Health Front: How to Reduce Colon Cancer Risk
By DR. JERRY DeCAPUA, TRT Contributing Writer
• By boosting older adults’ participation in colon screening, colon cancer would kill 21,000 fewer people each year. Colon cancer is the leading cause of cancer death in the United States. Yet, in 2013, only 58 percent of American adults aged 50 to 75 underwent the recommended screening for it. A study published March 12 in the journal Cancer said that lack of screening is responsible for a substantial percentage of colon cancer deaths.
Researchers used a computer model to estimate the potential benefits of having an 80 percent screening rate among adults, and found that if four out of five people got screened, the cancer rates would start dropping fast. Death rates would decrease by 19 percent by 2020. Over the long term, greater gains were predicted, with new colon cancer cases declining by 22 percent and deaths declining by 33 percent by 2030.
• Preliminary research with mice raises the possibility that an ultrasound-based treatment might help eliminate plaque buildup in the brain that is associated with Alzheimer’s disease. Scientists do not know if this approach is feasible for humans, but the research appears promising. The mice with Alzheimer’s disease performed better on three memory tests, noted researchers from the University of Queensland in Australia.
The ultrasound treatment targets nerve-cell clogging material known as amyloid plaque. The researchers applied ultrasound to the mice with Alzheimer’s disease after injecting them with microbubbles that vibrate when they encounter the super-sound frequency. The microbubbles expand and contract in the blood vessels of the brain, allowing one’s own white blood cells to actively eat amyloid plaque.
The technique appeared to reduce levels of amyloid plaque in the treated mice, and nearly eliminate it in 75 percent of the animals without damaging brain tissue. However, what the technique might do to more complex brains is unknown. James Hendrix, Ph.D., director of the Global Science Initiatives of the Alzheimer’s Association, stated that the research is “intriguing” but “still very preliminary.”
• Genes believed to increase the risk of autism may also be linked with higher intelligence, a new study suggests. Researchers analyzed the DNA of nearly 10,000 people in Scotland and also tested their thinking ability. On average, those who had genes associated with autism scored slightly higher on the tests. Having autism-linked genes doesn’t mean that people will develop the disorder, the researchers noted.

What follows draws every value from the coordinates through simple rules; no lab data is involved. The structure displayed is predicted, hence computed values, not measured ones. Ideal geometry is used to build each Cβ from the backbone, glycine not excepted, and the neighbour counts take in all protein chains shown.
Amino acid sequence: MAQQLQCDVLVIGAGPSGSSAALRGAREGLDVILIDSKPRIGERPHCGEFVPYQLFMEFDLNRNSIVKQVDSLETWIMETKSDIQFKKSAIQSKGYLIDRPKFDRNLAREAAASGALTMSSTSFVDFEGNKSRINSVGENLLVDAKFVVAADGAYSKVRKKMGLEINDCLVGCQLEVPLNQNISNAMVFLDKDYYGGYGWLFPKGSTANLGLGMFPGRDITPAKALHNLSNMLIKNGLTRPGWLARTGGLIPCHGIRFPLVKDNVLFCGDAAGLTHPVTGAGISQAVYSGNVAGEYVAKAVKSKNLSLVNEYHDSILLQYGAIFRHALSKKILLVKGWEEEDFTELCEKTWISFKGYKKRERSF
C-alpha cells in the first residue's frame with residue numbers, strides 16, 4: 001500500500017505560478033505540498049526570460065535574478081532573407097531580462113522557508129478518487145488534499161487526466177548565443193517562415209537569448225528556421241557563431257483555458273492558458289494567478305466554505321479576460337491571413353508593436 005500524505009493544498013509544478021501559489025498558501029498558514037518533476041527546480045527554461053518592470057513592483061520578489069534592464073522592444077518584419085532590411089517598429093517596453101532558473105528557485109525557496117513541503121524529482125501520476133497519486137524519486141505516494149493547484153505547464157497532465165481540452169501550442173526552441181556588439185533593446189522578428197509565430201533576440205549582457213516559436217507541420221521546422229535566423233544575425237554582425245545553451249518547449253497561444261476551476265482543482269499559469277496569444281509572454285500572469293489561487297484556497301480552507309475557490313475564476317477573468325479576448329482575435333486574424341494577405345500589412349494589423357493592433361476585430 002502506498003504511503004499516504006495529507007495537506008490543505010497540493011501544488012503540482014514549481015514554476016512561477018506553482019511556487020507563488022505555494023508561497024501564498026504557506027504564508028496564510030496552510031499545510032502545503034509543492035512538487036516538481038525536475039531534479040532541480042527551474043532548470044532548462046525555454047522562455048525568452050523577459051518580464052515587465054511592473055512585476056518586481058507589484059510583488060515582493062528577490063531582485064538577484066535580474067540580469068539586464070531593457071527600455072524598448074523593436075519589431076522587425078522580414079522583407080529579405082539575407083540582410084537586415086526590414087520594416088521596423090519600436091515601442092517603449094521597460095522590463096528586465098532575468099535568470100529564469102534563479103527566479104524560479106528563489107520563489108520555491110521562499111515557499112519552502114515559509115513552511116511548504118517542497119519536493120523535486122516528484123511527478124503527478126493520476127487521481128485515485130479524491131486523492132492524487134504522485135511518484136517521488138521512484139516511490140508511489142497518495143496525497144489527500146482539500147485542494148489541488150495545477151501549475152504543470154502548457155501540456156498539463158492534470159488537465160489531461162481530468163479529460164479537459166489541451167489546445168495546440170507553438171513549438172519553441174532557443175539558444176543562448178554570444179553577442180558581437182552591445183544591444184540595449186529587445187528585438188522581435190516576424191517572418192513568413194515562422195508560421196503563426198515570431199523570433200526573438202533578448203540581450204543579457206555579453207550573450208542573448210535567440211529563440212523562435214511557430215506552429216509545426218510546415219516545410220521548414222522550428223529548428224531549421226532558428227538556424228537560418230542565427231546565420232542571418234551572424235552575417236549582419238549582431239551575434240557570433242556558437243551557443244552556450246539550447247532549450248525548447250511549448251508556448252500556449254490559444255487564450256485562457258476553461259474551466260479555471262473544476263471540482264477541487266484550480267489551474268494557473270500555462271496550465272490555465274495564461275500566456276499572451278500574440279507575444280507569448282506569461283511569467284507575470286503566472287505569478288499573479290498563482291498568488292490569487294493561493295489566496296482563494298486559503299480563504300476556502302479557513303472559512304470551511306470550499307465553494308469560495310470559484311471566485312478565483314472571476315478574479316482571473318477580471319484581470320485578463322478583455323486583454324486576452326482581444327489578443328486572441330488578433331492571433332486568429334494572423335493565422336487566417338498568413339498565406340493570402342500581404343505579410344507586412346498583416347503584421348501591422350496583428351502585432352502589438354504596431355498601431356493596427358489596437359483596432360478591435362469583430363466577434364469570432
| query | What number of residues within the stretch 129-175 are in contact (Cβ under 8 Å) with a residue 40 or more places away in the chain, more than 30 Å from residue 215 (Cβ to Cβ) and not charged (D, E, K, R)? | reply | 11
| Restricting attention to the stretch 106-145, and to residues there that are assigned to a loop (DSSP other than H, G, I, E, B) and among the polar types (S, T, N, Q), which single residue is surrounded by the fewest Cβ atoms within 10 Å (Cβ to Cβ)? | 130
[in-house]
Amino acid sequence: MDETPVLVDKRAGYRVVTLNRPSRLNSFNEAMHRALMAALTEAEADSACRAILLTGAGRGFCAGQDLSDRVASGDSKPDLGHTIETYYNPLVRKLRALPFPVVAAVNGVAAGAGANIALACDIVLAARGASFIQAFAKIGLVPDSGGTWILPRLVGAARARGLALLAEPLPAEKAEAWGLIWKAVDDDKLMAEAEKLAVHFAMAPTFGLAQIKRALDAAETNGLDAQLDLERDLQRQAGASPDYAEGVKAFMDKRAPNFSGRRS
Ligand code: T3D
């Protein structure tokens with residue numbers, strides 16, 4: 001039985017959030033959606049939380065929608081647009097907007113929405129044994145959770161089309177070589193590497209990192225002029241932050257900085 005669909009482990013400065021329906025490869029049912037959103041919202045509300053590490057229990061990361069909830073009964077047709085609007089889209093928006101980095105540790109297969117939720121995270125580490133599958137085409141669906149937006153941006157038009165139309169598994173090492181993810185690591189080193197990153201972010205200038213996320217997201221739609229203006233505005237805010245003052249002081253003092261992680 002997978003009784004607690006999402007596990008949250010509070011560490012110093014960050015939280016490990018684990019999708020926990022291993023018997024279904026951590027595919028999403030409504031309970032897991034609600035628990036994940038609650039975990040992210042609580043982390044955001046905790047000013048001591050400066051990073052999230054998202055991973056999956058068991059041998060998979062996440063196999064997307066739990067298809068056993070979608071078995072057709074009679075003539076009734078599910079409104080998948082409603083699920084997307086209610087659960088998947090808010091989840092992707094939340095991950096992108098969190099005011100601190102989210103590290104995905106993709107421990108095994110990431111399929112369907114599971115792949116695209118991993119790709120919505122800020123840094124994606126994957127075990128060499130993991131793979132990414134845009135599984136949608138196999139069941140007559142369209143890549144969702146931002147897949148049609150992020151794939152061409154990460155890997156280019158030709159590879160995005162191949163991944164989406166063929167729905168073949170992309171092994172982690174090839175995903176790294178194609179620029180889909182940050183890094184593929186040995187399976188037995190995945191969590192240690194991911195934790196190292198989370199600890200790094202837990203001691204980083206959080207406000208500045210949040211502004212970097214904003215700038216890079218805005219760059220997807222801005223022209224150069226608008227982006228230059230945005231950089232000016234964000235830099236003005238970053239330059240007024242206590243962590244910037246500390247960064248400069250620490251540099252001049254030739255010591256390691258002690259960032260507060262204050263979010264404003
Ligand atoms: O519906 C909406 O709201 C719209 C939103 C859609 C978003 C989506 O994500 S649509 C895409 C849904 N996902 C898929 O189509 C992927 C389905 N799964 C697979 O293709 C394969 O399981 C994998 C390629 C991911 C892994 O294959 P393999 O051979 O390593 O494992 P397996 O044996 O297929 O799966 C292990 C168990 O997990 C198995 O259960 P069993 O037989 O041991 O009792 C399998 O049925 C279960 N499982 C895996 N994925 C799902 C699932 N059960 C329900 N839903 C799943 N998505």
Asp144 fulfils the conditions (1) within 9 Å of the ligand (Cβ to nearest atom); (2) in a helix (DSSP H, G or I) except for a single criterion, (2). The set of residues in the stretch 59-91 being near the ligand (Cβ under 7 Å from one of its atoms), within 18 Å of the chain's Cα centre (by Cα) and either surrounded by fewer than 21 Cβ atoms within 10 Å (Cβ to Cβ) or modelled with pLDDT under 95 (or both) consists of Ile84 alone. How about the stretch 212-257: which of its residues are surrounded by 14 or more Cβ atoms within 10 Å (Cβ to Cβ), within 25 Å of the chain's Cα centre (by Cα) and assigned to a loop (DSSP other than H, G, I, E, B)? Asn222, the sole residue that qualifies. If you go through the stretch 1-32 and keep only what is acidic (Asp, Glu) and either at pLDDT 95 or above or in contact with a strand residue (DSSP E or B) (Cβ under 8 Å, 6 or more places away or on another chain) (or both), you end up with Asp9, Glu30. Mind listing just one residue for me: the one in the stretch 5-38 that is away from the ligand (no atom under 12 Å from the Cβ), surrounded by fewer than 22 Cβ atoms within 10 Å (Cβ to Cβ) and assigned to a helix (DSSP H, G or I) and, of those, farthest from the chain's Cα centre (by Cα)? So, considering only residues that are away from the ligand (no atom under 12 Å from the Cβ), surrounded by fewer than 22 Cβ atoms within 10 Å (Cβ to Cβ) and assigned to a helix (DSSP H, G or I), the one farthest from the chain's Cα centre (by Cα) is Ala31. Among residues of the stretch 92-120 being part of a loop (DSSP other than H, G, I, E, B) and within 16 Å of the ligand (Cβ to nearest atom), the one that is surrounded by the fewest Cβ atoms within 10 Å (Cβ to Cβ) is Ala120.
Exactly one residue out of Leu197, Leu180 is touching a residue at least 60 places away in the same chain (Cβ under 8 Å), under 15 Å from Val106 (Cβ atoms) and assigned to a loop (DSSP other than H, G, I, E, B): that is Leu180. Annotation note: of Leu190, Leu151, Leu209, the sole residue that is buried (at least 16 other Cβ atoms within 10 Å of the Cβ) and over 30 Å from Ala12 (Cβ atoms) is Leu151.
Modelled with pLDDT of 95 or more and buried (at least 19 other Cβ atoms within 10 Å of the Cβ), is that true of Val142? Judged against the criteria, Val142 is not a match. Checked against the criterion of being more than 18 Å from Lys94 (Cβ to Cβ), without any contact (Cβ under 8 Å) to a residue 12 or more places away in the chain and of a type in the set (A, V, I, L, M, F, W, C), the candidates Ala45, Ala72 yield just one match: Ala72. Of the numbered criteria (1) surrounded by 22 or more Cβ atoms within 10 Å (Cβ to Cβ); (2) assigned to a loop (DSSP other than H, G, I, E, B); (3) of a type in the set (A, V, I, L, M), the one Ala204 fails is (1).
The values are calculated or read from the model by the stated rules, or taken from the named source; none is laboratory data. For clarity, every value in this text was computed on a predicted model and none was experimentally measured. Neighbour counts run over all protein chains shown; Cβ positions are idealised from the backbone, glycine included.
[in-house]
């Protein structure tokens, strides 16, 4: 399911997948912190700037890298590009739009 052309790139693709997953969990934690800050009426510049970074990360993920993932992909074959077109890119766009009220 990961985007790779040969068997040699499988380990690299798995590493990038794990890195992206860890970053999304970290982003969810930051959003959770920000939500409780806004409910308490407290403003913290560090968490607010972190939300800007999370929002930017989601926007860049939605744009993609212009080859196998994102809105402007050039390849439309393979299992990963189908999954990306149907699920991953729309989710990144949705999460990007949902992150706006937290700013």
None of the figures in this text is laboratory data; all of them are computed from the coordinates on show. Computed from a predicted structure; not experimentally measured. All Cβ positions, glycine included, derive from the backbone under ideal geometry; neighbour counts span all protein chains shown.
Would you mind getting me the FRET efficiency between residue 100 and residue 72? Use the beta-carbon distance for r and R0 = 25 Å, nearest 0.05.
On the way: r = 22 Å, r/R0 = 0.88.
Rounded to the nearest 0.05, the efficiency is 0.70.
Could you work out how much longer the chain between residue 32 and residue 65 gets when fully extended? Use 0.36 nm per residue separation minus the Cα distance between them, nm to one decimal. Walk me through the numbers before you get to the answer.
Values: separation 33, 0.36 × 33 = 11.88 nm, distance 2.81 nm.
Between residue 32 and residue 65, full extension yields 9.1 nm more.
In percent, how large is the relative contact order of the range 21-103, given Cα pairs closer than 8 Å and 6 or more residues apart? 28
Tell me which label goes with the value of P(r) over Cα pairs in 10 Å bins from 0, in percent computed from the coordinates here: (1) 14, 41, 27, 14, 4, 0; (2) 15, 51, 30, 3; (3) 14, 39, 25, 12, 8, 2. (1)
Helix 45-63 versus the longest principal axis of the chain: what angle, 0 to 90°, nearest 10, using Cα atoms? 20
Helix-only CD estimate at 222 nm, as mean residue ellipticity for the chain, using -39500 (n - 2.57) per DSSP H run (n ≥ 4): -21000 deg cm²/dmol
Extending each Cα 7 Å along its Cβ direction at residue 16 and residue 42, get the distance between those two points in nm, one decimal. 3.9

Similar evidence of an association between autism-linked genes and intelligence was found in previous testing of 921 teens in Australia. “Our findings show that genetic variation which increases risk for autism is associated with better cognitive ability in non-autistic individuals,” said Toni-Kim Clark of the University of Edinburgh, Scotland, in the journal Molecular Psychiatry.
The study suggests genes for autism may actually confer, on average, a small intellectual advantage in those who carry them, provided that they are not affected by autism. While 70 percent of people with autism have intellectual disabilities, some people with the disorder have higher-than-average nonverbal intelligence, noted researchers.
• Raising the legal age to buy tobacco products from 18 to 21 in the United States would save hundreds of thousands of lives, a new report finds. Such a change would result in 249,000 fewer deaths among people born between 2000 and 2019, and twelve percent fewer smokers by 2100, according to the a new report from the Institute of Medicine (IOM). According to the report, increasing the minimum age to 21 would delay 15- to 17-year-olds from taking up the smoking habit. Younger teens often get older teens to buy cigarettes for them. However, they are more unlikely to have as many 21-year-old friends. Considering this, the IOM committee thought that raising the age to 21 has better value. The committee found that there would be about 3 percent fewer smokers by 2100 if the age were raised by only one year to 19. But there would be 16 percent fewer smokers if the age of purchase was increased to 25.
In addition, The IOM stated that if the age were raised to 21 now, by 2100 there would be some 286,000 fewer preterm births, 438,000 fewer cases of low birth weight, and about 4,000 fewer sudden infant death cases. The American Lung Association said in a statement that it supports the IOM findings.